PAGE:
[Having] benefited from serving as the principal representative of the International Chamber of Shipping (China) Liaison Office, I understand that the shipping industry is mostly concerned on the prolonged service of seafarers at sea caused by the immigration restrictions on the change of seafarers imposed by the port authorities. The safety and health (physical and mental) of seafarers have therefore to be carefully dealt with. From a legal perspective, employers have a duty of care towards seafarers and a breach of such duty may lead to risk of various claims.

“The safety and health (physical and mental) of seafarers have therefore to be carefully dealt with.”

It’s still too early to predict any substantial change on shipping regulations. However, it seems to be very necessary for the authorities to adopt a more flexible approach when they are implementing the relevant regulations, such as granting extension of the validity of the certificates on board, approving exemptions from the quarantine etc. It would result in the corresponding flexible approach adopted by marine insurers to assist their assureds in tackling with any claims arising from these exceptional situations in the future.

IAN: What is the impact on marine liability underwriting during Covid-19?

Colin Fordham, Markel Asia: Unlike its predecessors (SARS in 2003 and MERS in 2012), Covid-19 has become a pandemic with a global impact of previously unseen proportions in modern times.

It is indisputable that the global economy, whilst damaged and dented, will go on. To achieve that, we need ships, ports, trucks, railways, warehouses and people to distribute all the things we like and need to consume. While there will be inevitable short-term reductions in shipping volume and capacity, and some of those changes may even become long-term or permanent, some level of normalcy must inevitably return. As such, marine insurance plays a vital role in supporting maritime operations, which are considered as essential services by all countries in times of disruptions.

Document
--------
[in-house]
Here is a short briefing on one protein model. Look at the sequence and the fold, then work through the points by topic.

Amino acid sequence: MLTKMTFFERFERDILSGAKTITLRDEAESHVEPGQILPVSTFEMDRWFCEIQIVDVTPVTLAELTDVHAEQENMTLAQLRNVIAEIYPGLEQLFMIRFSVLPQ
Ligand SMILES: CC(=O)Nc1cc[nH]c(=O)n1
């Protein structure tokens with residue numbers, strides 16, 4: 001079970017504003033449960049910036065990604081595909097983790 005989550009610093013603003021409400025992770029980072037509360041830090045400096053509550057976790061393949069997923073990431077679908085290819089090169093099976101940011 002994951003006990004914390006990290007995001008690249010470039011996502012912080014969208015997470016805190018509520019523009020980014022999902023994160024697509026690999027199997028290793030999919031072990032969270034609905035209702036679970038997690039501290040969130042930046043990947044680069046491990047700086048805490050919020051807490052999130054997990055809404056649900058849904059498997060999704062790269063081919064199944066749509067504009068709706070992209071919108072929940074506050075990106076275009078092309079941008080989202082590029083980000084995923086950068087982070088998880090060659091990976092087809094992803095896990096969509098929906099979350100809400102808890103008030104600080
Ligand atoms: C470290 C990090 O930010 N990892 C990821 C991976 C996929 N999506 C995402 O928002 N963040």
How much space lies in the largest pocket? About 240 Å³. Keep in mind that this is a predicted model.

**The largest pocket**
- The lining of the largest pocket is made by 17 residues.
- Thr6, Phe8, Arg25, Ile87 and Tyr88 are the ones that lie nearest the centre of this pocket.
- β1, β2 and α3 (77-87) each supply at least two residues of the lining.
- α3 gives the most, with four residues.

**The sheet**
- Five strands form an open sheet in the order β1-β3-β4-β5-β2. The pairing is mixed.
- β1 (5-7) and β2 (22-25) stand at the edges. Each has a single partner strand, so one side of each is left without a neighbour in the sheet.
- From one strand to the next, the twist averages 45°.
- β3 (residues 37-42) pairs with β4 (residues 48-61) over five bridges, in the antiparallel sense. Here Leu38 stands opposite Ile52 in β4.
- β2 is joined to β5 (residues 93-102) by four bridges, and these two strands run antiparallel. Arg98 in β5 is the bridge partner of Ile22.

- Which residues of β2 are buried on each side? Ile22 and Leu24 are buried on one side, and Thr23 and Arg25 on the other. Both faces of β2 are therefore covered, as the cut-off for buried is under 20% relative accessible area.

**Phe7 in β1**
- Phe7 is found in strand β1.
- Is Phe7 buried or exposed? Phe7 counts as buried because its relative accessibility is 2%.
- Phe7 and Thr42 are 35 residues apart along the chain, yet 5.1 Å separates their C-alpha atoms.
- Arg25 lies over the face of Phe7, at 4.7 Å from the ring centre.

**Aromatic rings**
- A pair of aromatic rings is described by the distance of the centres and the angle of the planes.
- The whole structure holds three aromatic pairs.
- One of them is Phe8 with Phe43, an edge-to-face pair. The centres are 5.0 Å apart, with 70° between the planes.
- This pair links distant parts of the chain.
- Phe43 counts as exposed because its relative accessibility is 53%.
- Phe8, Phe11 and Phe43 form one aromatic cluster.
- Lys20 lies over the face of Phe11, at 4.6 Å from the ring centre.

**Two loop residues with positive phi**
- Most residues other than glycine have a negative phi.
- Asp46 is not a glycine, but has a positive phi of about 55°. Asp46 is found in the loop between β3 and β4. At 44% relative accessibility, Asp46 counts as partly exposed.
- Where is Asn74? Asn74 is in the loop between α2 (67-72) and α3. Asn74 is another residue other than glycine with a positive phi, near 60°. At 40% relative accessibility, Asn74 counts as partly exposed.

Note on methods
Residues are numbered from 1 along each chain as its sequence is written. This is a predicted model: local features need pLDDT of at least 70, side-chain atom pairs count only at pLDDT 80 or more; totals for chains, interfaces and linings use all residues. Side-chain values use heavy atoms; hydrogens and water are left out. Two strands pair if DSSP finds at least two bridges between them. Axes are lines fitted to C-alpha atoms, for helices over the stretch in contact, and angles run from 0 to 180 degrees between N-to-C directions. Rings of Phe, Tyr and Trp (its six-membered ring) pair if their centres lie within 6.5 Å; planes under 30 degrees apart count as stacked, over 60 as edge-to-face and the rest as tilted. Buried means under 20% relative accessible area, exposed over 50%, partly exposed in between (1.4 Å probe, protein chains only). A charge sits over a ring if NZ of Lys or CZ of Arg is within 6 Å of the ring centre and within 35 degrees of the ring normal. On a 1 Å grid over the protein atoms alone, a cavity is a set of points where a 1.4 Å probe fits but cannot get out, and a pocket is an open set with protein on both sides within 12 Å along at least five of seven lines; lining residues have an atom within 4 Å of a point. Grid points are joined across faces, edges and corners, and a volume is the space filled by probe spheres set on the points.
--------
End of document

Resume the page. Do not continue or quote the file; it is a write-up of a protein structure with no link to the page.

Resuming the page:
“Come what may, the Asian maritime market is well-supported to weather through this crisis and emerge stronger than before.”

The Hong Kong insurance market remains ideally situated to provide the solutions, skills, capacity, and response needed to tackle the current and future needs of the Asian marine insurance demands. It has well-established insurance professionals who continue to service and support their clients, communities and economies. Come what may, the Asian maritime market is well-supported to weather through this crisis and emerge stronger than before.

Markel is committed to supporting Asia’s maritime sector during this challenging time and aiding the recovery phase in the region. As part of our expansion plan in Asia, we strengthened our team in Hong Kong last month with a new marine underwriter. Beyond that, notwithstanding the challenges we all face, Markel continues to remain open – we are conducting business and paying claims amid these challenging times.